The Claimant argued that Mr Wordsworth's expertise would be highly relevant in resolving complex and novel issues in a case which was of unusual importance, given the lack of precedent. That position was supported by the Attorney-General, who also argued that allowing foreign counsel to act in cases such as the Claimant's would further enhance the attractiveness of Singapore as a seat for international arbitration, by confirming to parties that their lead arbitration counsel may continue to appear if the arbitral award is challenged in Court.
The Respondent argued that Mr Wordworth's expertise was not relevant, as the dispute turned on the interpretation of the International Arbitration Act and not complex issues of public international law and, therefore, the case could be adequately handled by local counsel. The Law Society criticized the Claimant's efforts in considering the availability of local counsel stating that it "failed to give due credit to the experience and quality of the local Bar".
The Court's decision
The Singapore Court agreed with the Claimant and admitted Mr Wordsworth QC on an ad hoc basis. The Court confirmed that the application must be viewed through the "prism of need", viewed from the perspective of both the litigant seeking admission of its counsel, and more broadly, the need of the court to "receive proficient assistance from counsel with the requisite expertise and experience." As the case was of a complex and international nature and there were "few local advocates with the requisite expertise" to properly address the issues, it was unreasonable to limit the involvement of Mr Wordsworth. That was particularly pertinent in this case due to Mr Wordsworth's familiarity with the case from the underlying arbitration and his expertise in the field such that he was best-placed to serve the needs of both the litigants and the Court.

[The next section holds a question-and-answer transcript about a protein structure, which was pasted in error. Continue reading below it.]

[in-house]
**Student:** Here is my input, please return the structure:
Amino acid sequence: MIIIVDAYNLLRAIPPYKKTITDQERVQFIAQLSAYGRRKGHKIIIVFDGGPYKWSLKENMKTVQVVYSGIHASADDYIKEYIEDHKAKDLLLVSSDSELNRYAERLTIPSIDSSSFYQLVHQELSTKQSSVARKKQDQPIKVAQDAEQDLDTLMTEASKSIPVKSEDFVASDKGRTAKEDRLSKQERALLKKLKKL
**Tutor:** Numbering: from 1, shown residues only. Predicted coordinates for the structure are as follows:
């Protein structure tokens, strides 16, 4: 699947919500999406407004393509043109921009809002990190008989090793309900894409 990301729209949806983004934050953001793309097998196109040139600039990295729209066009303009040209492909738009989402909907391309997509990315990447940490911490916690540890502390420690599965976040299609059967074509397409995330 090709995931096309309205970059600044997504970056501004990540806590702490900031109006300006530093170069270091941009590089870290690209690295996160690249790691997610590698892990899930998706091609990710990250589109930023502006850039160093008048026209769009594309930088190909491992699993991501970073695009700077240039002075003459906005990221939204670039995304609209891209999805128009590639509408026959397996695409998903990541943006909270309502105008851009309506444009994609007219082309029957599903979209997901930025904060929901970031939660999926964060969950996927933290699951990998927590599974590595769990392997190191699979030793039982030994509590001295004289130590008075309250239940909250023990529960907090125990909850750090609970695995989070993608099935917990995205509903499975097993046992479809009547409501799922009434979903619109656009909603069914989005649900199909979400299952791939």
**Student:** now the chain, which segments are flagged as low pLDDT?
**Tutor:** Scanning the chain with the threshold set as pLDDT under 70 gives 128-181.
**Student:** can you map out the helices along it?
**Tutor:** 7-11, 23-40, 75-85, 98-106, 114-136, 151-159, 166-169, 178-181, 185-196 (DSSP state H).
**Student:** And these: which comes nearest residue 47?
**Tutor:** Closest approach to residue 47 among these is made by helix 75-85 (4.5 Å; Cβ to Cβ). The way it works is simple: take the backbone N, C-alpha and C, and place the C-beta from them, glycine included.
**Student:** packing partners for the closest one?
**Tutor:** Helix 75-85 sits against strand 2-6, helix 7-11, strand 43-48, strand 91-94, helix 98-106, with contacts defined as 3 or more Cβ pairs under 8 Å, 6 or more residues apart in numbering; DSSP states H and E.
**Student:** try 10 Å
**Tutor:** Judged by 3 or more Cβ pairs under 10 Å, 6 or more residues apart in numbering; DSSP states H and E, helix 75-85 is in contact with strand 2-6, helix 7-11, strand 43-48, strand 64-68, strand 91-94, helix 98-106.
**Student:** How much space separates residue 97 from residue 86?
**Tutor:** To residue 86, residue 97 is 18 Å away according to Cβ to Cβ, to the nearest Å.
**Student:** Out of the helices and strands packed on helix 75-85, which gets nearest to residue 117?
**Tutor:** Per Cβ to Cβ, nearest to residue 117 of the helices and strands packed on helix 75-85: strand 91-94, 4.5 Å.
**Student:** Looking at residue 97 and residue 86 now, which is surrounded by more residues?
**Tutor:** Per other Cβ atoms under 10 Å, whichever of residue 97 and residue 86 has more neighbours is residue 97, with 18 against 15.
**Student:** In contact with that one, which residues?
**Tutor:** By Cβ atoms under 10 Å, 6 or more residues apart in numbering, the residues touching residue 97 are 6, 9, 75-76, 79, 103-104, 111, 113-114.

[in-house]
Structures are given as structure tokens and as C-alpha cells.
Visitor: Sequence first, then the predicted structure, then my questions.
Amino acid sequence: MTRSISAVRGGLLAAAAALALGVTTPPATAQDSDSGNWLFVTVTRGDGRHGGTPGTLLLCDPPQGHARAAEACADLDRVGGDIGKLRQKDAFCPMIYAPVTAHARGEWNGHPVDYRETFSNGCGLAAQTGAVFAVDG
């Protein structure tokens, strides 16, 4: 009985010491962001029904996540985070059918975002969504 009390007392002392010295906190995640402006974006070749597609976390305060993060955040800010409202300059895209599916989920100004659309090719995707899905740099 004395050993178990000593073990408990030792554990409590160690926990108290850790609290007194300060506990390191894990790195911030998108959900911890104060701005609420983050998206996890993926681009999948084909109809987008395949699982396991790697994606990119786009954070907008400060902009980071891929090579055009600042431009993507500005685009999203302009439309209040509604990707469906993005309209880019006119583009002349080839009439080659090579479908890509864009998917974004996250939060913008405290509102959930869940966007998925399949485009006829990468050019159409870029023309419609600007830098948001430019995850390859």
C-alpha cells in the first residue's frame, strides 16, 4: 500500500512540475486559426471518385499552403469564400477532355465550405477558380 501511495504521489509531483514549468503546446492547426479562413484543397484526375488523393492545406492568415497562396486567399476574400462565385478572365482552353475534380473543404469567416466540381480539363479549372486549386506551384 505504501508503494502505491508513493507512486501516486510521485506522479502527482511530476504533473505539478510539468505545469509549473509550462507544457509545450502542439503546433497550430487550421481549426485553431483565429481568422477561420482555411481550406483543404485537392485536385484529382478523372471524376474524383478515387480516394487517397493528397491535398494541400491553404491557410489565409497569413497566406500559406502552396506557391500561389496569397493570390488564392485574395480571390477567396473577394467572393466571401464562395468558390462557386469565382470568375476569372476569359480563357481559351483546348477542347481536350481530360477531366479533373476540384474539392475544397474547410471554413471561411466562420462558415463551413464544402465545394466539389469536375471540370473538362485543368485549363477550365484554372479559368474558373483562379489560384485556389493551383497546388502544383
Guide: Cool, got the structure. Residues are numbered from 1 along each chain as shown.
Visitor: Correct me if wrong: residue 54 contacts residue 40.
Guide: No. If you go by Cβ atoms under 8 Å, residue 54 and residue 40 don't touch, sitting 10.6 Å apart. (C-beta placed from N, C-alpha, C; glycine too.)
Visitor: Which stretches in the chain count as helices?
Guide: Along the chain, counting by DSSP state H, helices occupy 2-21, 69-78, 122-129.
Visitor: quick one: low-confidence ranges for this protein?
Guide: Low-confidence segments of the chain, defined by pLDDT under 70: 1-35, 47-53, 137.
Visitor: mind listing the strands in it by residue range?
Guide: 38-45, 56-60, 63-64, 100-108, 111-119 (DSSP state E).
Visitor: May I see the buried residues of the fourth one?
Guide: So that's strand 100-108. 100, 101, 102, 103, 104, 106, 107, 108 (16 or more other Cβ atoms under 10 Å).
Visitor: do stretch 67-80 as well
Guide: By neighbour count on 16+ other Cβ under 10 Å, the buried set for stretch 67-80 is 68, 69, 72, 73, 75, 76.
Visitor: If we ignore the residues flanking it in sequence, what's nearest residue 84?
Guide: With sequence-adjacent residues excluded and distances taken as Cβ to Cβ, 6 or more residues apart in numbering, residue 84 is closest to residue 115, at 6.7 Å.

The Court also stated that promoting Singapore as a venue for international arbitration was a "relevant consideration". However, this was not the dominant reason for admitting Mr Wordsworth, and instead was merely a factor which the courts should consider when determining whether admission was reasonable.
As the case is relatively fact specific, it is not expected that this marks a significant shift in policy by the Singapore Courts. The Court highlighted the "unique circumstances" of this case, differentiating it from previous applications for admission where the issues were more local and the issues were "well within the range of competent Singapore counsel".
Nevertheless, it is significant that the Court took account of the policy objective of promoting Singapore as a venue for international arbitration. As with other government initiatives, such as income tax exemptions for visiting arbitrators, the establishment of Maxwell Chambers as a purpose built dispute resolution venue, and the more recent creation of the Singapore International Commercial Court, Singapore demonstrates repeatedly how it is determined to be a leader in high-quality, commercially focussed, internationally attractive dispute resolution.